Friday, March 4, 2022

Teaching Data Storytelling: Beyonce & The Glass Ceiling on Black Art

Beyonce at the Grammys vs. Beyonce at BET

Kenton Rambsy 

I teach a senior seminar in the English Department that emphasizes data storytelling. Beyonce is a focal point of this course, which designed to equip students with ideas related to Black feminism while also introducing them to digital tools.

One student, Lucien Li, created a Tableau Public visualization based on the 53 of Grammy’s and BET awards that Beyonce had won since 2003 as a solo artist. The student’s chart highlights the fact that for the Grammy’s, Beyonce’s awards are mostly located in the “urban” category. At the BET Awards, however, Beyonce typically is nominated and wins in “general categories.”

Lucien’s digital essay builds on an Op-Ed published in the Los Angeles Times, “Beyonc√©'s Grammy snub and the glass ceiling on black art.” John Vilanova explains in the article that even though Beyonce is the most Grammy-nominated woman ever (with 62 nominations and 22 wins), her win rate of 35% is markedly low. Lucien wanted to explore this concept visually and highlight the challenges that Beyonce faces as a Black entertainer.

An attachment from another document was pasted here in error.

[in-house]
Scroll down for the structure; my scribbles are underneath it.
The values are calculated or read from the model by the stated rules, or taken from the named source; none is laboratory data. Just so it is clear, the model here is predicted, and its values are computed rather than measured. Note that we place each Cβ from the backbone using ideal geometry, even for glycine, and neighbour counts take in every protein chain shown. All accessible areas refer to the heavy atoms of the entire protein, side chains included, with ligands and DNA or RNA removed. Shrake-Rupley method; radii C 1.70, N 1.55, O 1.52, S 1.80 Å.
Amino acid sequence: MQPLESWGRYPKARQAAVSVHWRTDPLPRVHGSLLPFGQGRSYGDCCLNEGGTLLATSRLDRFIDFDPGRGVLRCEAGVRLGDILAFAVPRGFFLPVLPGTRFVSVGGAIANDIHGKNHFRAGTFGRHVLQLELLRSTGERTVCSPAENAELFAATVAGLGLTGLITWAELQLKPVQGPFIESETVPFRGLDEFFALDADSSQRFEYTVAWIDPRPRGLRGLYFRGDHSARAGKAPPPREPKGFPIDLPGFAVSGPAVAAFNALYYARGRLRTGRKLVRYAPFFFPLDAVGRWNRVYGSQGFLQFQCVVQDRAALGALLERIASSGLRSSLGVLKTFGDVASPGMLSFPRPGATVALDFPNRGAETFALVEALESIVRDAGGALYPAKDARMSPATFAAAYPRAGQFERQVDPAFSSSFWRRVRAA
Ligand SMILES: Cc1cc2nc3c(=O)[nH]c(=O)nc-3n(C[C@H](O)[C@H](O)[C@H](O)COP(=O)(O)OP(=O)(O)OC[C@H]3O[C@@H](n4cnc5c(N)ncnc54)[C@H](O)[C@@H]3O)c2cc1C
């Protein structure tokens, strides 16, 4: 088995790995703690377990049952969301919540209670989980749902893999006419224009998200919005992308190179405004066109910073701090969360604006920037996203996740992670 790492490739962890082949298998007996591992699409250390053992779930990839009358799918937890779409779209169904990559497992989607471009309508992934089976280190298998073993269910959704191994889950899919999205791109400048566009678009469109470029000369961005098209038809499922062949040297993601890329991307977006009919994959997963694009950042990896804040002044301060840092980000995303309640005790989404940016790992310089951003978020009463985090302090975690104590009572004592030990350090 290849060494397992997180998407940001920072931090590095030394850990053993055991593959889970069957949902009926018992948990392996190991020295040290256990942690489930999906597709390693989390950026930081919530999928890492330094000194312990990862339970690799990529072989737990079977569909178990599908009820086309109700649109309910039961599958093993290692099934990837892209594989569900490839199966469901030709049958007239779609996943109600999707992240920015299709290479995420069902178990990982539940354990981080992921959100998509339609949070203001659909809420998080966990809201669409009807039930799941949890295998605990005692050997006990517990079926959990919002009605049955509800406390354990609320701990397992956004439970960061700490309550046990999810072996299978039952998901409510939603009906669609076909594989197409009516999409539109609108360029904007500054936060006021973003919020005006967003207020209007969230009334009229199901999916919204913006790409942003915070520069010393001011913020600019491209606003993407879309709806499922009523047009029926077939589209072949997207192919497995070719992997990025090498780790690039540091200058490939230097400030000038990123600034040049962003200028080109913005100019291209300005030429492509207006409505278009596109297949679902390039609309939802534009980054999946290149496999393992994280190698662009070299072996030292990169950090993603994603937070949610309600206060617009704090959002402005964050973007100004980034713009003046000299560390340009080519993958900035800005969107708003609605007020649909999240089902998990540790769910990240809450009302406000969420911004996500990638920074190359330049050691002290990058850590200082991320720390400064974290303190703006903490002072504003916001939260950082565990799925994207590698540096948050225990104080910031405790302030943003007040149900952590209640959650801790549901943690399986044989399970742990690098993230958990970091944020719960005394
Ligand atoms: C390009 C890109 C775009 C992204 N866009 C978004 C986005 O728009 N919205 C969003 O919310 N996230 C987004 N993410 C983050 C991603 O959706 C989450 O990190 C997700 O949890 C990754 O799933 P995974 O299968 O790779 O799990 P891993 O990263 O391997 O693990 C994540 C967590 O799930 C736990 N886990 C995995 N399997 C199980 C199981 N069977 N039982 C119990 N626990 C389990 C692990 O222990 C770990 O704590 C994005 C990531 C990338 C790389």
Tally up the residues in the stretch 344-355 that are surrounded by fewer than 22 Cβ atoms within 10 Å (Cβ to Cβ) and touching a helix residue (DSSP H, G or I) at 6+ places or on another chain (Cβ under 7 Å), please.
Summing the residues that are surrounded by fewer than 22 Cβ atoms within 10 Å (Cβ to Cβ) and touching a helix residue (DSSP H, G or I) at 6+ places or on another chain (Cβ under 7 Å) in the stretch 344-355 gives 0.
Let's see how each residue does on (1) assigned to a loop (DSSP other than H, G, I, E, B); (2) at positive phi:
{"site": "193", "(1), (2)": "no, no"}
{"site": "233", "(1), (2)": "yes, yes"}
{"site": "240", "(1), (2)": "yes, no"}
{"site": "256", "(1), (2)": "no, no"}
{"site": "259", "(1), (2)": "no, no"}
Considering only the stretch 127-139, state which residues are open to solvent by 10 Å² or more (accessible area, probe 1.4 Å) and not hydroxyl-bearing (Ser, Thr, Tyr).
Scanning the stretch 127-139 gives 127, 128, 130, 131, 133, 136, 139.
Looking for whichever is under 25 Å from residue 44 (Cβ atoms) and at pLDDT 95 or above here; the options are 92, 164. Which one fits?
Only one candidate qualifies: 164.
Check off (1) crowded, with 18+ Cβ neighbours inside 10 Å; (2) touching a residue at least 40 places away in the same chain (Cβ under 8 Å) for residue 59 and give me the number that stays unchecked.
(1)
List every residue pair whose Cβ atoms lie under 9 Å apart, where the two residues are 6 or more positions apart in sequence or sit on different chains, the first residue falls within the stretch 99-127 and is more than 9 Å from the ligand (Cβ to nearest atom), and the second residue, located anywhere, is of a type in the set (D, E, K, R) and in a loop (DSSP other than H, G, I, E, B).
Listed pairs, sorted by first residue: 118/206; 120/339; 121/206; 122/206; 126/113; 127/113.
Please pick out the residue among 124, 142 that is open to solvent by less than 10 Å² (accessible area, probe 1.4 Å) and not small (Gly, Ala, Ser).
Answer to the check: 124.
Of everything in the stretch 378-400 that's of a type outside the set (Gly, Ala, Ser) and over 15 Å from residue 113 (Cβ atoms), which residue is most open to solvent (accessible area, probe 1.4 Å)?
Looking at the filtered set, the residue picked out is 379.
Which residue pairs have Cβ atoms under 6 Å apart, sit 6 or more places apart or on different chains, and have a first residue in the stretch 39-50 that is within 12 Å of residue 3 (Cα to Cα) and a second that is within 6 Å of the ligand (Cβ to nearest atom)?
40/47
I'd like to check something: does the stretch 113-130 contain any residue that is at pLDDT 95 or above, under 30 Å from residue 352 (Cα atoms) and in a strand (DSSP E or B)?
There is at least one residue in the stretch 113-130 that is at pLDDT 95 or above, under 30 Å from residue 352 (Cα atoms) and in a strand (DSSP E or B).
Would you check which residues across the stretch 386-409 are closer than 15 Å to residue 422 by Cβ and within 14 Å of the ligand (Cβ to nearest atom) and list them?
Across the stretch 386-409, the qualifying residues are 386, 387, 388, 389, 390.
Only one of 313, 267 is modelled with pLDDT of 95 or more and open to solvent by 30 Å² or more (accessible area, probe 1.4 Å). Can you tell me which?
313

She used the FLOAT Method to organize her project, by first starting with a sound research question: What’s the difference between Beyonce’s Award nominations and wins at the Grammy’s versus the BET Awards?

The importance of beginning with a useful question cannot be overstated. The framing of this question facilitated Lucien’s ability to locate a data source and narrow her search and analysis to focus on two award institutions.

Beyonce is one of the most visible artists, yet the Grammy awards typecase her as a Black or urban artist. Beyonce was the gateway through which Lucien could begin to consider what institutional barriers impede upon Black women’s success.

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